Section 48 of the Constitution provides that Parliament may, by law, determine the privileges, immunities and powers of the two Houses of Parliament. It has done so by way of the Senate and House of Representatives (Powers and Privileges) Act, which states, in Section 12, that where a question arises as to the right or power of either House to peruse or examine any paper, book, record or document, that question shall be determined in accordance with the usage and practice of the House of Commons.
Manifestly clear practice
The practice in the House of Commons is manifestly clear and well recognised. It is derived from Article 9 of the Bill of Rights of 1689, which states that "the freedom of speech and debates or proceedings in Parliament ought not to be impeached or questioned in any court or place outside of Parliament" and that is recognised as one of the essential privileges of parliament.
The issue of the use of court injunctions to restrict public discussion of a matter and its implications for parliamentary privilege attracted particular attention in 2009 when a British MP raised questions in the House of Commons about the dumping of toxic waste in the Ivory Coast by Trafigura Beheer, which was then the subject of proceedings before the court. Trafigura secured an injunction barring the media from publishing what was said in the Parliament.
It is important to note that the court carefully did not seek to apply the injunction to Parliament's privilege to discuss the matter but only to prevent the media from publishing what was said. This caused such a public outcry that a judicial committee led by Lord Neuberger (currently the president of the Supreme Court) was appointed to review the application of such injunctions.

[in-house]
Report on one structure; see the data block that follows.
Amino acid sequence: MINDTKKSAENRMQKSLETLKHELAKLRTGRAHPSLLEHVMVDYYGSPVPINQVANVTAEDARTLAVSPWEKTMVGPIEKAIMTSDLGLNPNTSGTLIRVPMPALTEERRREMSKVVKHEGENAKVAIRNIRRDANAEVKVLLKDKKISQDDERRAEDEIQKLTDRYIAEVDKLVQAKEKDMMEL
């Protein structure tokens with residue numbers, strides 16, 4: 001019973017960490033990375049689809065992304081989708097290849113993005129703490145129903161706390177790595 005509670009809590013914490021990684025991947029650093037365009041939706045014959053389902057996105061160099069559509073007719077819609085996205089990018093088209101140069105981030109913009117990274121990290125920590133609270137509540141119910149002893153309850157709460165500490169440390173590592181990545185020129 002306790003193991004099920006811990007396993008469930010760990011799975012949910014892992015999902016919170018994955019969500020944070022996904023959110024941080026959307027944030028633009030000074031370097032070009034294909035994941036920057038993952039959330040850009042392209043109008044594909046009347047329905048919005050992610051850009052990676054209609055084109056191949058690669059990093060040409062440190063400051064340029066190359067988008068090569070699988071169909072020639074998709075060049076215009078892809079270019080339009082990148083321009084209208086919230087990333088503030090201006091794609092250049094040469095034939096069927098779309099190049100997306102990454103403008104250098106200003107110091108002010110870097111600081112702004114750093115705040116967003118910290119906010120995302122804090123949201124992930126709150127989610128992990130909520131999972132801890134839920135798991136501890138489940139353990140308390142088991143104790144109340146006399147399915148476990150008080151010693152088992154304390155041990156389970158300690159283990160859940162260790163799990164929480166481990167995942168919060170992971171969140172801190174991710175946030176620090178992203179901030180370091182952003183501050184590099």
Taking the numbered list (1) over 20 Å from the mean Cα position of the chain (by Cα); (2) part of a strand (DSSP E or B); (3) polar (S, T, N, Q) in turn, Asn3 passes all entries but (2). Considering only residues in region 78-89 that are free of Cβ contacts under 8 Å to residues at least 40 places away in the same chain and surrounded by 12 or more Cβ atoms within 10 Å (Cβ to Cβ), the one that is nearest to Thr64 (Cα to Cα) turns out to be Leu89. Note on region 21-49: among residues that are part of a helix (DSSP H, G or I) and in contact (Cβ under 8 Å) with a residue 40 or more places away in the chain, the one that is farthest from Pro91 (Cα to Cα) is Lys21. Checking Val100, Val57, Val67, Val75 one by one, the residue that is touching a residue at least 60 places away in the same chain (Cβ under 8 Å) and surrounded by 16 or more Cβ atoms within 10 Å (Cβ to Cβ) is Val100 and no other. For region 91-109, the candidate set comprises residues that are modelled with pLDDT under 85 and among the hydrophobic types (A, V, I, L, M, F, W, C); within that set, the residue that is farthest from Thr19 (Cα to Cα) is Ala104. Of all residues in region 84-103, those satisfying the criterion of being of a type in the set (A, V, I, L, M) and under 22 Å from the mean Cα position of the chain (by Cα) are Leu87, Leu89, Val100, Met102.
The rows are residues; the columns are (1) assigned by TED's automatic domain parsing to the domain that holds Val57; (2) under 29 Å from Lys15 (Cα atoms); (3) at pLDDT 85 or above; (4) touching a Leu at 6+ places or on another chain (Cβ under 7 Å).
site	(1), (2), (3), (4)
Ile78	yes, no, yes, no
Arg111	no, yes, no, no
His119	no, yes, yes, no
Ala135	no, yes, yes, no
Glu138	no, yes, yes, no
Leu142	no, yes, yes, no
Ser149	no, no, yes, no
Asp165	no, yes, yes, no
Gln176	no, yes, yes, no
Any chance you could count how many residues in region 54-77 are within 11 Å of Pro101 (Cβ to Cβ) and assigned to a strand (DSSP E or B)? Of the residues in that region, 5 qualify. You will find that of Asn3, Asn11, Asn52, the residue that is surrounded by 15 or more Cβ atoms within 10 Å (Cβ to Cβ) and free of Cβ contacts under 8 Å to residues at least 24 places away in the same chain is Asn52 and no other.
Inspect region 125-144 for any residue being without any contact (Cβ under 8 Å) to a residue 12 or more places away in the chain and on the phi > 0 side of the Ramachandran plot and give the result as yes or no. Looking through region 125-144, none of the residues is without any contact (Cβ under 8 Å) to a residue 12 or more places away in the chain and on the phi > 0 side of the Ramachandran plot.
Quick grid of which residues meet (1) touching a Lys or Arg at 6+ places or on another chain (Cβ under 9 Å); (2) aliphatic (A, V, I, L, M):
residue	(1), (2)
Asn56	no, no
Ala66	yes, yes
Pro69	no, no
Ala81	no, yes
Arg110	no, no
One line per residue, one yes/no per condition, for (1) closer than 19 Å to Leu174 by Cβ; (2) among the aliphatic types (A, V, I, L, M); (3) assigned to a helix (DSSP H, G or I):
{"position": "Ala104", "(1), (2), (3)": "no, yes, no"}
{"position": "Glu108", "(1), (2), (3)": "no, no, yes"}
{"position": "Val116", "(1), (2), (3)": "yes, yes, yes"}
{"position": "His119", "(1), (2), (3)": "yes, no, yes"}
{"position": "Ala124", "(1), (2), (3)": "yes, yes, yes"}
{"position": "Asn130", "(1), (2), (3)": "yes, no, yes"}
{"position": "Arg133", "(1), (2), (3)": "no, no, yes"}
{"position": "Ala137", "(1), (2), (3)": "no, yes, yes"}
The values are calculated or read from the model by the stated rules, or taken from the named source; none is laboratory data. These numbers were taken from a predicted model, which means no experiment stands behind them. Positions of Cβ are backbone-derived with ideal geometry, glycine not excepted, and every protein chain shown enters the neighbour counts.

The report of the committee is particularly germane to the matter at hand. In dealing with the issue of parliamentary privilege, it declared that "court orders, however framed, cannot interfere with, or inhibit, parliamentary speech, debate or proceedings" and that "neither the courts nor the Crown could interfere with the business of Parliament".
The committee asserted that this "is an absolute privilege and is of the highest constitutional importance. Any attempt by the courts to go beyond that constitutional boundary would be unconstitutional. No super-injunction or any other court order could conceivably restrict or prohibit parliamentary debate or proceedings".
The then chief justice, Lord Judge, was just as definitive: "I simply cannot envisage that it would be constitutionally possible or proper for a court to make an order which might prevent or hinder or limit discussion of any topic in Parliament or that any judge would intentionally formulate an injunction which would purport to have that effect. We use the words 'fundamental principle' very frequently, but this is a fundamental principle."
In January of this year, a judge in Uganda issued such an injunction that led to the intervention of the chief justice, who described it as an "erroneous decision", and it was withdrawn.
It doesn't seem to me that in this application for an injunction, the speaker and the president of the Senate can be "added to the legal process". Nor is it a matter on which the valuable time of the court ought to be wasted.
- Bruce Golding is a former prime minister of Jamaica. Email feedback to firstname.lastname@example.org.